That Baby Is Draping! Why Folks Aren’t Feeling “Baby Bangs!”, One Of The First Official Wigs For Baby Girls…
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Historically, it has appeared that the residents of many countries in Africa preferred the more voluptuous, curvy woman over the slim and slender-figured woman. However, lately, preferences appear to be shifting, sparking many public debates among residents of the Ivory Coast, regarding which physique is more desirable, reports the New York Daily News.
“Being thin is synonymous with being sickly and malnourished in African society,” Micheline Gueu, a candidate in the Miss Ivory Coast beauty pageant, regretfully admitted.
Slim-figured Ivorian singer, Princess Amore, however, is encouraging slender, small-breasted women, whom she refers to as “lalas” to embrace their figures.
“I noticed that some girls were embarrassed to have small breasts and felt like they had to fake it by stuffing their bras,” she told AFP.
Her use of the term “lala” is actually in reference to the word “lolo,” which is commonly used to describe curvy women. In 2000, Ivorian musician Meiway released song, “Mrs. Lolo,” celebrating the curves of voluptuous women. At a concert last year, he yelled out to his audience:
“You White people, you like your women flat and thin. Here, we like them big, with curves.”
Despite the widespread celebration of the “lolos,” the Daily News reports that there are certainly more “lalas” being showcased in the Miss Ivory beauty pageants.
Victor Yapobi, President of the Miss Ivory organizing committee suggests that thinner women are more easily marketed than fuller figured women.
“Our beauties comply to international standards: minimum height 1.68 metres (five feet six inches), 90 centimetres (35 inches) around the hips,” said Yapobi.
It appears that statements like the one made by Yapobi are one of the reasons that curvier African women argue that their beauty is also underrated. In 2009, Abidjan organization, Roundly Beautiful surfaced. Spearheaded by Djeneba Dosso, the organization aims to “rid big women of their complexes.” Although the group celebrates curvy women, organizers also encourage Ivorian women to make healthier choices, as many of them “don’t exercise and eat badly,” says Dosso.
Artist Augustin Kassi, who frequently paints images of full-figured women, disapproves of the beauty pageant, which he refers to as “voluntary denigration of African beauty.” As a promoter of diversity, it appears that Kassi finds the constant debating to be trivial.
“The world is made up of different things. It’s a rainbow,” he says.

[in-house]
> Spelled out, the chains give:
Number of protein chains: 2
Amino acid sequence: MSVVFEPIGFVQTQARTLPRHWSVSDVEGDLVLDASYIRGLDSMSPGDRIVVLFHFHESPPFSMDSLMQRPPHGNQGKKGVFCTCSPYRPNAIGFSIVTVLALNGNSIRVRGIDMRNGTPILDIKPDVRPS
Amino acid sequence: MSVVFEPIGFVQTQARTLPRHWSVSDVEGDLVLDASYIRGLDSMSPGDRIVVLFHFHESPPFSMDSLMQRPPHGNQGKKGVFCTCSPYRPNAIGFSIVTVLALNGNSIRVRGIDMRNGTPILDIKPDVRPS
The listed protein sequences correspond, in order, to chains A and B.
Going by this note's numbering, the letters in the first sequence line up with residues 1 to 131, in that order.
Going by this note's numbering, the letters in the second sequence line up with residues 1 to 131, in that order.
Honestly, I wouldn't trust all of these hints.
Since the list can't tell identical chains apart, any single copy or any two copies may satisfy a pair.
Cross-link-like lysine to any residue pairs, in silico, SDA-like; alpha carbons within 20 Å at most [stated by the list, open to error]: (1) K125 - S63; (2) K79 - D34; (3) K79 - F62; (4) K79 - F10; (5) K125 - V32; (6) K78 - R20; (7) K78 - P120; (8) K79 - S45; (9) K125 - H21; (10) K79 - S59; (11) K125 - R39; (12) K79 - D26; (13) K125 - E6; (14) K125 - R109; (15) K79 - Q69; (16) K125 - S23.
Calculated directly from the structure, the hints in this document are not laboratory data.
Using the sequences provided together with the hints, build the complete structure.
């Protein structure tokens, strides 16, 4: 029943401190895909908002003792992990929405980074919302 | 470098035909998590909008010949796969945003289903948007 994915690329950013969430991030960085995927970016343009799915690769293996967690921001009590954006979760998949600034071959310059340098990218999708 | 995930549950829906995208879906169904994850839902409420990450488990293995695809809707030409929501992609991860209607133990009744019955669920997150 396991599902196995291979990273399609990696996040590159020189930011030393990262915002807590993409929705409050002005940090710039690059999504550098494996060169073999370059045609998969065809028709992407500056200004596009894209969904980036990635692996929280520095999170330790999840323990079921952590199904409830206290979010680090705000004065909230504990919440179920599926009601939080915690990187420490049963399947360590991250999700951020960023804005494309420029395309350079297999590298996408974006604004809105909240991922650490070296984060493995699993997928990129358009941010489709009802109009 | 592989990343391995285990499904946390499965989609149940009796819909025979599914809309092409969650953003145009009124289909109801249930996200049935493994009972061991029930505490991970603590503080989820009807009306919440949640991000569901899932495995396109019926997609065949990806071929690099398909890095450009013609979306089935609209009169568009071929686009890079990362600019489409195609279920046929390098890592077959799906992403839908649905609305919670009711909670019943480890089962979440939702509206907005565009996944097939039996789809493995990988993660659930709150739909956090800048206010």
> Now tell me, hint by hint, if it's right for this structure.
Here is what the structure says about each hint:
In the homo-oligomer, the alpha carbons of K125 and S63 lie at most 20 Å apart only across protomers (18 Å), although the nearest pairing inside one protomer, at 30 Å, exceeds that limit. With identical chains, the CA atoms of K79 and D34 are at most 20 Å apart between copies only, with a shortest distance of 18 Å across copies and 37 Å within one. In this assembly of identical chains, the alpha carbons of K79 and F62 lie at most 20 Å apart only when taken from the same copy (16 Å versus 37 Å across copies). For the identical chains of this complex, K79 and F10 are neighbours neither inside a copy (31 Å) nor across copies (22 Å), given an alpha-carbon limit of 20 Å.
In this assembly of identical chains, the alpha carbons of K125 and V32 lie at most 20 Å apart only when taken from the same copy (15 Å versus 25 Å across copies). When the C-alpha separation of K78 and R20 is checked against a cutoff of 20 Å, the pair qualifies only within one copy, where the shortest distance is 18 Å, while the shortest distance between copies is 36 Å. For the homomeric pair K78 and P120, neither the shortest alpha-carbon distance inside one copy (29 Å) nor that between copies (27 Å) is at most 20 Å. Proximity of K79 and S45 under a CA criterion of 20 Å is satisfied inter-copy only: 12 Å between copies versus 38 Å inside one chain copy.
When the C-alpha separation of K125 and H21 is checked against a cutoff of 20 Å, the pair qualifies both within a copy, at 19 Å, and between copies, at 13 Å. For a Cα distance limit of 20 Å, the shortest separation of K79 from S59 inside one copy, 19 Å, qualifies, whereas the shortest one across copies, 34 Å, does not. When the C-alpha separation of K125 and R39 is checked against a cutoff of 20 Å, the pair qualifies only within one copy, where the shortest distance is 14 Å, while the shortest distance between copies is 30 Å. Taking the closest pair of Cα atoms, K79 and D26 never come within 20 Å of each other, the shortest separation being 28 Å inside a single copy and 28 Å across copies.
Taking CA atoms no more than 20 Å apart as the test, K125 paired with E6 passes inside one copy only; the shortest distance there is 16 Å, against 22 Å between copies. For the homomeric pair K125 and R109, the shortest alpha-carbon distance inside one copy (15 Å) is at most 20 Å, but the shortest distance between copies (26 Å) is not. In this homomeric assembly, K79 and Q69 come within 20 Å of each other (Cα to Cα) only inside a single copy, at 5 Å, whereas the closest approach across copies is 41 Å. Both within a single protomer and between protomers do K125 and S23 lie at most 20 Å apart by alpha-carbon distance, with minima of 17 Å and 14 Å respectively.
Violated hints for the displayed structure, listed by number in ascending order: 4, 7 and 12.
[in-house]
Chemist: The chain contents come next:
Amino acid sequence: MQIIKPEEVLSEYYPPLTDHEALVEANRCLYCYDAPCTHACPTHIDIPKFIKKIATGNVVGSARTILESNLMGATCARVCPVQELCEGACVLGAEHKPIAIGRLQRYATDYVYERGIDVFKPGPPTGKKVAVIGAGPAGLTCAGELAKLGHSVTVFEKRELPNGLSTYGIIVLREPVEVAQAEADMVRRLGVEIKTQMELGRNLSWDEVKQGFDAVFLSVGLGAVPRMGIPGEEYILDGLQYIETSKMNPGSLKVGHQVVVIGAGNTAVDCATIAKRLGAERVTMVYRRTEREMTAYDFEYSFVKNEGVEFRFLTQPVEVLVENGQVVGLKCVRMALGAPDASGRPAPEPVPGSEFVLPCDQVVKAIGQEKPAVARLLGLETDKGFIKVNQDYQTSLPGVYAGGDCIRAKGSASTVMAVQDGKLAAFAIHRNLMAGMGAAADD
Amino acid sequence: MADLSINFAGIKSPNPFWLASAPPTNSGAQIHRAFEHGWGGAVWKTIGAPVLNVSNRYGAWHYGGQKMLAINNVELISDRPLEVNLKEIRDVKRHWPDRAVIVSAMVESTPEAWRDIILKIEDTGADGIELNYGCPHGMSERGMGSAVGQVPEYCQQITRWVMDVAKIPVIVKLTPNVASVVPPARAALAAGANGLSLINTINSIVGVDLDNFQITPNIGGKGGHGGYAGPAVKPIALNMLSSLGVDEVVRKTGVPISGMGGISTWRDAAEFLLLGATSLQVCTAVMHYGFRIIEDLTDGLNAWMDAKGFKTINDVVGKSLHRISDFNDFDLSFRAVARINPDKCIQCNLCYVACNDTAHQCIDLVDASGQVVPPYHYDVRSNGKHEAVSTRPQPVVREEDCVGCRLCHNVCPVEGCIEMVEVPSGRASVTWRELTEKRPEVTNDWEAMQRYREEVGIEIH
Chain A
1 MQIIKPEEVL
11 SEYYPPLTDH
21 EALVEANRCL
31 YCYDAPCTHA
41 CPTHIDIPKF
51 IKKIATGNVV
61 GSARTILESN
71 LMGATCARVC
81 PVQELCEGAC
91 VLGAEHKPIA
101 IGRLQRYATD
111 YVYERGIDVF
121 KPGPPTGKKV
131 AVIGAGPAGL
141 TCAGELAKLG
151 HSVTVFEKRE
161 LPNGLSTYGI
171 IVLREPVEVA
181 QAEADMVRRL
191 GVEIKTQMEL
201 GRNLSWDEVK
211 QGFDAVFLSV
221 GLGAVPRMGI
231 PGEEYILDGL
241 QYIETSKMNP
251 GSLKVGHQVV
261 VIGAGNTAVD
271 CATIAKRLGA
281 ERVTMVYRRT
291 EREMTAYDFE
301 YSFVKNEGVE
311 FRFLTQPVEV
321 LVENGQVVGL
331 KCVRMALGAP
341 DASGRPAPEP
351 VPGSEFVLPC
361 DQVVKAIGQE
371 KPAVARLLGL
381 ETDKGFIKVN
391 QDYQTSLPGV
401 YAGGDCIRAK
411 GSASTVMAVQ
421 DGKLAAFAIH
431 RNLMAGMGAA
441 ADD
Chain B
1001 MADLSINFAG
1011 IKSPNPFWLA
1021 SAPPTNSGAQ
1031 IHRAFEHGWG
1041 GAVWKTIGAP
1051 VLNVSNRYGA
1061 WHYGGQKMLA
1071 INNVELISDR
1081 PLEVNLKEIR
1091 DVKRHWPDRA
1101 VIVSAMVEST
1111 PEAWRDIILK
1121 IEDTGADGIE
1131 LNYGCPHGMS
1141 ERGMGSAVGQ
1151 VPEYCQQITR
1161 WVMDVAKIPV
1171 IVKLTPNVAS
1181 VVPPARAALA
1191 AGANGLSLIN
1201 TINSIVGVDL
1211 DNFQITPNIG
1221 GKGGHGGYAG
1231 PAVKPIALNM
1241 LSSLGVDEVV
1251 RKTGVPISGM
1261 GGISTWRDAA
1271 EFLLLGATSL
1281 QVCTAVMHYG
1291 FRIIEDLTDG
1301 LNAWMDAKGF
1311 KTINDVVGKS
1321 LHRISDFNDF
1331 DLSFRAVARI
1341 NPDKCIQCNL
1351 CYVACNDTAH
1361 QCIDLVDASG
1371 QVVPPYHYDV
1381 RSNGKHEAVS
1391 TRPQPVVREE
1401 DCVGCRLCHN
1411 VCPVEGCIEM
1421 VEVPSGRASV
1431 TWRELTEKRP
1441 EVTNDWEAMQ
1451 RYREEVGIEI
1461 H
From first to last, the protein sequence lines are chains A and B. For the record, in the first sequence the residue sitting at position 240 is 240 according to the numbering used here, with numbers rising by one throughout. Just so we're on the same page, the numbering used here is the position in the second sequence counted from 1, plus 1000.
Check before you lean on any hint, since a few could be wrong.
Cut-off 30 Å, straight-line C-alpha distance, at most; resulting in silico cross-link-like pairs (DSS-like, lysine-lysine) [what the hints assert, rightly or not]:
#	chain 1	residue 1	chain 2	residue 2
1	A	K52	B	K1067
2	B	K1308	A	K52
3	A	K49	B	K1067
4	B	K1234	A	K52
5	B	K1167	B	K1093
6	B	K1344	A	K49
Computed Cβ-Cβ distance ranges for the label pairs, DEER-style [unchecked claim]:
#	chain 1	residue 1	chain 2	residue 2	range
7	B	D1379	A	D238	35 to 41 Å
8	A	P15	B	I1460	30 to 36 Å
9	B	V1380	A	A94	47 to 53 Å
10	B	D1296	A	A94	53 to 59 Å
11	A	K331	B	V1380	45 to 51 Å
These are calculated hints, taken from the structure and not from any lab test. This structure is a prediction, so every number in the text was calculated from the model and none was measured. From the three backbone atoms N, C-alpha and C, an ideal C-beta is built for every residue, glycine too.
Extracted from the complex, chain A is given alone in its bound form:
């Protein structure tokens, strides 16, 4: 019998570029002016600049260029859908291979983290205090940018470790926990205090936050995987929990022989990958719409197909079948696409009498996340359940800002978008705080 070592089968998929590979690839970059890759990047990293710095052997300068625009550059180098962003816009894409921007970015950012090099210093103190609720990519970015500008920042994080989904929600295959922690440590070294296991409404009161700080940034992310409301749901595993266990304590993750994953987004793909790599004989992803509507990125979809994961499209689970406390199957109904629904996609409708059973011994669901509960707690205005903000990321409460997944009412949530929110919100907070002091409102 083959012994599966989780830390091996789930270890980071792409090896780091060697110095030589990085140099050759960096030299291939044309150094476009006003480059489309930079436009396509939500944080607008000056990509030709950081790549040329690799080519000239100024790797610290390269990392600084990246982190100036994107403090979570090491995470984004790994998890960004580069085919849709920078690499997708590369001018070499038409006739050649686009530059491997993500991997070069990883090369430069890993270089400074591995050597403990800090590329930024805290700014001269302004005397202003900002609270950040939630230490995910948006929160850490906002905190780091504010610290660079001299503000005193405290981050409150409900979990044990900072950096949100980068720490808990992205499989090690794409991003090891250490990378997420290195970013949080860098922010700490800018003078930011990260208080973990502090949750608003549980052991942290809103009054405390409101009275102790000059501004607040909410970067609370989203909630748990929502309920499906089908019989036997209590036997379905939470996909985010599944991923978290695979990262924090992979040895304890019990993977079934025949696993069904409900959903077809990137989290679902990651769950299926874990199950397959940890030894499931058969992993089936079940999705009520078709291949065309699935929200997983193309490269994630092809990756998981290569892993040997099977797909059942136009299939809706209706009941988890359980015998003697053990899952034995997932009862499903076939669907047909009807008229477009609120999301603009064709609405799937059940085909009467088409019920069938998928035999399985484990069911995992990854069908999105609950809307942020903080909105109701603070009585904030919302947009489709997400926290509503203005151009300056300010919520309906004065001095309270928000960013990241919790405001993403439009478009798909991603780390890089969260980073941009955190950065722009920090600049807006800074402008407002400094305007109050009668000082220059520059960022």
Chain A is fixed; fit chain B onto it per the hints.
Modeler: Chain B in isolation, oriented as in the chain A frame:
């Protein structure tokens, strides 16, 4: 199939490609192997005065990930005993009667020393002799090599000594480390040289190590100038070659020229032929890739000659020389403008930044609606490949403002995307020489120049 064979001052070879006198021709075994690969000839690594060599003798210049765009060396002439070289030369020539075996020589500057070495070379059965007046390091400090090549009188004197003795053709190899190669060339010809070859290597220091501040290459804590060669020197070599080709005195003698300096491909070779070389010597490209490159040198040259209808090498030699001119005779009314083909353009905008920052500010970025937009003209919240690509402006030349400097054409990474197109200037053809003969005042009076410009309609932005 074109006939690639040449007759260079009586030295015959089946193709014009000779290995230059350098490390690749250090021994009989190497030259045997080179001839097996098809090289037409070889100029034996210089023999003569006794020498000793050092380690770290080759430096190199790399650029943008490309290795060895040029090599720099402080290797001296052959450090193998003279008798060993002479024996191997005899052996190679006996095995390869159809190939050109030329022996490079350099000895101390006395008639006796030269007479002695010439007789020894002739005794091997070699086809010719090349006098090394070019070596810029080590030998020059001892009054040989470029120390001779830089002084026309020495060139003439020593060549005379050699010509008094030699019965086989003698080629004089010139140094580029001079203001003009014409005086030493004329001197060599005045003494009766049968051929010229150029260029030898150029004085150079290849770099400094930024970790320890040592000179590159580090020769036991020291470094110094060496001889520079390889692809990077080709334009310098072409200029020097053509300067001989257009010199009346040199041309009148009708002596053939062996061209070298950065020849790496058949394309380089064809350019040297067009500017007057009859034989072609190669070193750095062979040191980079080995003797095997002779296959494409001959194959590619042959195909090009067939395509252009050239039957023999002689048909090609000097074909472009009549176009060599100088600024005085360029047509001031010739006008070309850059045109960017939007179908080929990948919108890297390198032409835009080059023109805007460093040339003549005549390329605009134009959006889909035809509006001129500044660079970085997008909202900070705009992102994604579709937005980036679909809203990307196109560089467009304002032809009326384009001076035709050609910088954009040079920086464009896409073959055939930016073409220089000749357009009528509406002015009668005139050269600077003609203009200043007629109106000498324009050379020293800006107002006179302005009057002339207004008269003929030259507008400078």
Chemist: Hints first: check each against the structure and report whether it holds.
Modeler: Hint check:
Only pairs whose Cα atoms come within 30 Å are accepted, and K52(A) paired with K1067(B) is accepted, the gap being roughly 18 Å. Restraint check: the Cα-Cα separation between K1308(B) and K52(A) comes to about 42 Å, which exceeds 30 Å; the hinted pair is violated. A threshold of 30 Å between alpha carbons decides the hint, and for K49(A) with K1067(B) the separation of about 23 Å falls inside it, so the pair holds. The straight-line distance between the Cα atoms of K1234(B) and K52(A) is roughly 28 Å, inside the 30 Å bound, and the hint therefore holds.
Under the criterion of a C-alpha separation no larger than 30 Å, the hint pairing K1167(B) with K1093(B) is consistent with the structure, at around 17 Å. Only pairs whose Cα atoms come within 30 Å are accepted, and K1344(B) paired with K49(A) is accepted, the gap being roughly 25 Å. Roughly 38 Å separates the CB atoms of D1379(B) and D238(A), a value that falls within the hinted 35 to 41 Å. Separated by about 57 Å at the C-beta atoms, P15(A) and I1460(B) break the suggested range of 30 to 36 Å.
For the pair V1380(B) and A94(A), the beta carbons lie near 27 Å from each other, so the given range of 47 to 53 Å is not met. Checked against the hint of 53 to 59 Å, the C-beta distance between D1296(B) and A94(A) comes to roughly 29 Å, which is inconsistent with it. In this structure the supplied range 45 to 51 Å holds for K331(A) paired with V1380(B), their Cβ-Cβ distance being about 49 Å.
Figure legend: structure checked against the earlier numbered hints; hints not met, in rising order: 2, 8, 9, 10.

What are your thoughts on the thick vs. slim debate?
Brandy’s got a new look ya’ll.
Yes, “The Boy is Mine” singer, best known for Moe-to-the-E-to-the…has ditched the long weaves and her signature temple-pulling braids and has returned to sporting a more mature look, complete with a cute little pixie cut for her YRB Magazine shoot. Oh yeah, and she just so happens to be like five shades lighter – at least in a couple of the pictures. Seriously, a couple of the pictures have completely washed out her lovely skin, making her about the same complexion as Beyoncé – after Destiny’s Child of course.
I don’t know if it is intentional or if it is a matter of poor lighting. I’d like to think it is the latter considering we see this sort of improper exposure use to photograph dark skin in so many photo shoots. Fairly recently, Beyoncé found herself again at the center of a skin- lighting scandal when promotional pictures were released of her with a markedly lighter and pale complexion in her face and upper body. That too, had been attributed to the lighting used in the studio. Maybe. Without definite proof, it is all speculation. However, I cannot recall an instant where black celebrity men had the same lighting issue. In their instance, they usually show up on the cover of magazines true to color – if not darker (hey O.J.). Things that make you go hmm…
Lighting aside, there is something more bothersome about Brandy’s pictorial. No, not another conspiracy, but this is actually intentional and obvious. In short, it’s the nose. I know it’s been a long time since we’ve seen Brandy on the scene, but I’m pretty sure that is not the nose she was born with. In fact, that nose doesn’t even look natural, very Latoya Jackson-esque. Did she get a nose job? Is it the lighting again? Nope, that’s the old makeup trick of contouring and shading.
We know, we know. Sadly, not all black women love themselves. Low self esteem, environment and a host of other elements can affect how any woman, regardless of race, will feel about herself. But recently an Essence Magazine study found that “African-American women are twice as likely to feel positive about their beauty. That’s certainly encouraging! It’s no coincidence that we appreciate ourselves a tad bit more than other woman. Here are some reasons why…